Windows 10 is almost a year old and, according to Microsoft, it’s been installed on around 300 million computers so far.

With some 1.5 billion Windows PCs in the world, according to Microsoft, Windows 10 still has a long way to go before it could be described as a ‘success’.

It’s well known that Windows XP was a smash hit, but that doesn’t fully explain why so many people are still using it when Microsoft has abandoned it. That makes it a sitting duck for hackers and cyber criminals looking to steal your personal data, and there’s not a great deal you can do about it — other than upgrade. So, Windows XP users, why haven’t you yet?

[Read more: Is it still safe to use Windows XP? Security tips for Microsoft’s popular OS]


Windows 10 won’t run my software

Admittedly, some people’s hands are tied because they rely on software that’s only compatible with Windows XP or its ancient version of Internet Explorer. Even so, that doesn’t prevent them simply transferring their antiquated set-up to a ‘virtual PC’ within a more recent version of the operating system.

We’ve covered this approach before and it’s incredibly easy (it works as well for Windows XP as it does for Windows 10). Once set up, Windows XP and its software all run in a window just like any other Windows 10 application.

It needs a reasonably powerful PC to run another ‘PC’ as an application in this way, but Windows XP is none the wiser — it’s blissfully unaware in its Windows version of The Matrix. Better still this can be set up for nothing using free software like VirtualBox.

VirtualBox in Windows 10

This won’t fix hardware compatibilities, of course, since a printer, scanner or other device needs to work in the ‘host’ operating system before it will work in a virtual PC. Annoyingly, even some relatively new hardware doesn’t have a Windows 10 driver yet, although drivers for Windows 7 and 8 should also work — and only the very oldest hardware won’t be covered by those.


Windows 10 costs too much

The big incentive for upgrading to Windows 10, of course, is that it’s also free until July 29, 2016 —but only for current Windows 7 and 8 users. Anyone wanting to upgrade from Windows XP will need to pay around £84.99 for the privilege — and it’s easy to see that as an unwarranted expense when a PC is otherwise running well.

But is it? Let’s stress again that Windows XP no longer receives updates from Microsoft and so really isn’t safe to use online, even if you know what you’re doing with internet security.

So the attitude of “if it ain’t broke, don’t fix it” doesn’t really apply here. Sticking with Windows XP for this long after its use-by date is like driving a car that’s failed its MOT and can’t be maintained because the manufacturer no longer makes spare parts. That £84.99 upgrade won’t seem so expensive once someone has cloned your credit card using an unfixed security hole.

Windows 10 boxed copy


The other major objection against upgrading from Windows XP to Windows 10 is that it means buying a new PC. There’s no denying that Windows 10 will run like a dream on a new computer with the latest hardware — and that needn’t break the bank.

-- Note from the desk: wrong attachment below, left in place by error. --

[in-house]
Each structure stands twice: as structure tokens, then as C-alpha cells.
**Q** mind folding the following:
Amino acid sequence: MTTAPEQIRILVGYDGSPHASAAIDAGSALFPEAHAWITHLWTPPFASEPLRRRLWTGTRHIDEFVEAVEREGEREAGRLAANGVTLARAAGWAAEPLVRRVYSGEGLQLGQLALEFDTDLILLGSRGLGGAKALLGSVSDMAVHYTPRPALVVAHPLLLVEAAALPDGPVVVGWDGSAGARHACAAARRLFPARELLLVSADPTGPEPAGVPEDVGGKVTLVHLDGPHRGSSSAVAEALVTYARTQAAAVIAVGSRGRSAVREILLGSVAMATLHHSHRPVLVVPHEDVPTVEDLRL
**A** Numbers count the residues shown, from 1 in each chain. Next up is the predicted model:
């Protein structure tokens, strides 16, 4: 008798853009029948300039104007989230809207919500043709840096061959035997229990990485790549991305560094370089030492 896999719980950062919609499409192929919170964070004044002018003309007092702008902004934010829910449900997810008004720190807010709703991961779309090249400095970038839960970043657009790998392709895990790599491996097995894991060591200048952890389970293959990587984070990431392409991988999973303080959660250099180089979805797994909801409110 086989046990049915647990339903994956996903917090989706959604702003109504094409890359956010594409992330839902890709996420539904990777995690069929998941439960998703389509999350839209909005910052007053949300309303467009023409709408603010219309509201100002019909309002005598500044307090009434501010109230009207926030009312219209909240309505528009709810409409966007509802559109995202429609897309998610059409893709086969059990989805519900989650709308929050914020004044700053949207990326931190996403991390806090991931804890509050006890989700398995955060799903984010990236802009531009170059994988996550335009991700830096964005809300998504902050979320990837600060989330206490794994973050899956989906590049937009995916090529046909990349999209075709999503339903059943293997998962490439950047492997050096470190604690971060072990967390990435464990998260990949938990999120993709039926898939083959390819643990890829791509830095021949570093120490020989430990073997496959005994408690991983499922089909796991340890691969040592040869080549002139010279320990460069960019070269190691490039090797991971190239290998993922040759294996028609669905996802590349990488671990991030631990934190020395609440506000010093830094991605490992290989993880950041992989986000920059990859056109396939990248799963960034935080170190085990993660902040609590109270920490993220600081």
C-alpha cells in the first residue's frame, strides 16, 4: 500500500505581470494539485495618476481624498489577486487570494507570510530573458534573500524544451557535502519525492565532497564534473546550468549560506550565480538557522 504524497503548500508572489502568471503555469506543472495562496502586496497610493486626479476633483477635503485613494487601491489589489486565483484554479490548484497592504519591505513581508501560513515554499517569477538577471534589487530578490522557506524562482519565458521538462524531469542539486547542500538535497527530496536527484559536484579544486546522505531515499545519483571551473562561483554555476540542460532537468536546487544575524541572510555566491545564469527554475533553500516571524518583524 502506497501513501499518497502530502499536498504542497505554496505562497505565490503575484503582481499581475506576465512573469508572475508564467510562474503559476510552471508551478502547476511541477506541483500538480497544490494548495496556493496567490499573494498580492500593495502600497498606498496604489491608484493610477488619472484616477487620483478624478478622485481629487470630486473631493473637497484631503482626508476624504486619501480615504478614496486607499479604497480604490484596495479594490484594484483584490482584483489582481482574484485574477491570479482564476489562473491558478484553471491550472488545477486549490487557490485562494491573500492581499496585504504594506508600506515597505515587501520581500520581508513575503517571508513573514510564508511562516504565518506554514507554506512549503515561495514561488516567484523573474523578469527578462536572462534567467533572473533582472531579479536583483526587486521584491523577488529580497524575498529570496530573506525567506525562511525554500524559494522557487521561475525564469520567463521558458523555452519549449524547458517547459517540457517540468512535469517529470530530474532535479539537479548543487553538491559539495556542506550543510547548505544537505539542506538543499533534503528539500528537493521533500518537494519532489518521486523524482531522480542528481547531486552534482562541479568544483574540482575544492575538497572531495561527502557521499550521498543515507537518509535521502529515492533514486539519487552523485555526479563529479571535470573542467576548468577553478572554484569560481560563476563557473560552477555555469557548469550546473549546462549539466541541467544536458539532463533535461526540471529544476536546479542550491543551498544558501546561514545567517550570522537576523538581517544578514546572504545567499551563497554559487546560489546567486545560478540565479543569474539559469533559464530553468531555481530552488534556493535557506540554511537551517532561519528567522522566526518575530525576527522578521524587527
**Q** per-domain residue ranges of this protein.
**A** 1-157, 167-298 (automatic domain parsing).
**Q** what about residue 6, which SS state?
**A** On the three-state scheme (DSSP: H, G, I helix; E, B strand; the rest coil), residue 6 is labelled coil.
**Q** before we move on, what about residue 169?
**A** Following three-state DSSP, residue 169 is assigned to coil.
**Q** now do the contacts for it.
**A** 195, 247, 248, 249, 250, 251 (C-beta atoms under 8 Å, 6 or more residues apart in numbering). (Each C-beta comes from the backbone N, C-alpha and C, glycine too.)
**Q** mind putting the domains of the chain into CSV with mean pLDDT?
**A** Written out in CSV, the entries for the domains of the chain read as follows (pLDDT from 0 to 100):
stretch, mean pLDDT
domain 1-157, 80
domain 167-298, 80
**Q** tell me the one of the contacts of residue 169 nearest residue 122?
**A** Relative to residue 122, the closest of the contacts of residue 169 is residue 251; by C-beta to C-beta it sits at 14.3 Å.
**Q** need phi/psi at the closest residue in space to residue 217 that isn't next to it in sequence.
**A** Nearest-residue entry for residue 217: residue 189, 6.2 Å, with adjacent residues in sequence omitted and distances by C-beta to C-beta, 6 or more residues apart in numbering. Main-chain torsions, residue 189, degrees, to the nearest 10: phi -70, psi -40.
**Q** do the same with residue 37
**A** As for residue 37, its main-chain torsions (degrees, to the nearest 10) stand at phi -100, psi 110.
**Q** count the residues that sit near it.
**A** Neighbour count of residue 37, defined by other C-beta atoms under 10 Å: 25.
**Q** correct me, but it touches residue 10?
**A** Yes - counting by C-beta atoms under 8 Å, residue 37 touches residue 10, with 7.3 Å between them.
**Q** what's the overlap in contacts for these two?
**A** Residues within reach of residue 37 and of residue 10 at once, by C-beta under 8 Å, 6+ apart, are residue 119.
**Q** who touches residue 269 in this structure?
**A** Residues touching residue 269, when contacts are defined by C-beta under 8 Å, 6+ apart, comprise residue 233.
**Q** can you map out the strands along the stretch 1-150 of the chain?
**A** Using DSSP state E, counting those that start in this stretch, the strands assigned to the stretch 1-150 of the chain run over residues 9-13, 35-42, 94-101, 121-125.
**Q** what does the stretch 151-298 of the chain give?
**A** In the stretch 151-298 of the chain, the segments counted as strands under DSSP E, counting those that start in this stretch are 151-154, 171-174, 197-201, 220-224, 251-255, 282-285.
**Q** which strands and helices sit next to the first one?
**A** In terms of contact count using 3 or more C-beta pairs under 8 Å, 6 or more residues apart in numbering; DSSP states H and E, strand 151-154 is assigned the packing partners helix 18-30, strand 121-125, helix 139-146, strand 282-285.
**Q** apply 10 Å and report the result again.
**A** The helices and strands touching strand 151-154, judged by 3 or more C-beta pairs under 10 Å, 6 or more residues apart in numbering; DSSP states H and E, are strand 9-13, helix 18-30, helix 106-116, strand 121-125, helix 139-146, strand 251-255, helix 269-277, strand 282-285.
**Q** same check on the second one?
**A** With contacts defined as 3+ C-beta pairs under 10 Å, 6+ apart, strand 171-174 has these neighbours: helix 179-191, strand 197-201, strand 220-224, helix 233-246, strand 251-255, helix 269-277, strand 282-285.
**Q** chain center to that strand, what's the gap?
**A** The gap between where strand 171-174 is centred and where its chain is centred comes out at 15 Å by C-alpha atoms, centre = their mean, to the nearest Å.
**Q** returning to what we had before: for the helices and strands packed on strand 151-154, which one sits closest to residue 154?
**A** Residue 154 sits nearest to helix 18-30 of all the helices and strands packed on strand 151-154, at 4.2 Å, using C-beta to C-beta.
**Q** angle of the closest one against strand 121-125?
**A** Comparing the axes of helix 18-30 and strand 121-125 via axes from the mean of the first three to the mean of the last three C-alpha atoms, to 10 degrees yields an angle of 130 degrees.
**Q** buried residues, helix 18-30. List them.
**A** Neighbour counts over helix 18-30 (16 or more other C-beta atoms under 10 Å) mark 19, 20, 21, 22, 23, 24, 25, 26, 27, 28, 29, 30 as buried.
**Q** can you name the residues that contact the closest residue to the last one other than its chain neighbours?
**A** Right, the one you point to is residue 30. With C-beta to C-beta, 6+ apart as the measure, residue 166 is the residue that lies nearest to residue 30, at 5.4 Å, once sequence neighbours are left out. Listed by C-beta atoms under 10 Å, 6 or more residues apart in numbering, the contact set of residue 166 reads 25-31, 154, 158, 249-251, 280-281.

New laptops capable of running Windows 10 start from less than £200, for example – although be warned, some still have the likes of Windows 7 and Windows 8.1 installed, meaning you’ll have to run the update yourself.

But don’t automatically assume that your current Windows XP PC won’t run Windows 10. Its minimum requirements may be higher than those for Windows XP, but a 1GHz processor and 1GB of memory are hardly high end. PCs with that specification first went on sale alongside Windows XP in 2001, so the chances are you’re already using something better.

Even so, you can still play it safe by running the Windows 7 Upgrade Advisor to see if your PC can handle Windows 10 — the minimum requirements for both operating systems are the same.

Windows 10 upgrade advisor


I don’t like the look of Windows 10

Of course the other main reason many people cite for not moving from Windows XP to Windows 10 is simply that the operating system is different — and anything different to what they’re used to is bad by default.

It’s true that Windows 10 does look very different to Windows XP, but that’s because Windows XP is practically an antique in computer terms.

However, there remain some distinctive features, such as the Start menu, that even a Windows 95 user would recognise and the same conventions apply throughout.

In short, if you’re worrying about Windows 10 being confusing, you’re missing out. Yes, it will take some time to get used to and it’s not without its problems, but it’s light years ahead of Windows XP.

Alternatively, you could try these tips to make Windows 10 feel a little more like Windows 7 if it’s more to your liking.

[Read more: 10 quick fixes for Windows 10 problems]


The clock is ticking

And finally, there are always complaints that any attempt to encourage people to move to Microsoft’s latest operating system is simply a scam of some sort. It’s true that no one (possibly not even Microsoft) knows will happen with the ‘versionless’ Windows 10 in a few years’ time, but that doesn’t mean you won’t be better off by using it. Or even Windows 7 or 8, for that matter.

The most important thing to do is to upgrade to something more recent than the mouldering Windows XP, even if you think it’s still the bee’s knees. You’re living on borrowed time if you don’t.


Watch - If you refuse to give up on XP, the least you could do is use the most secure browser. Find out which are best in our video below: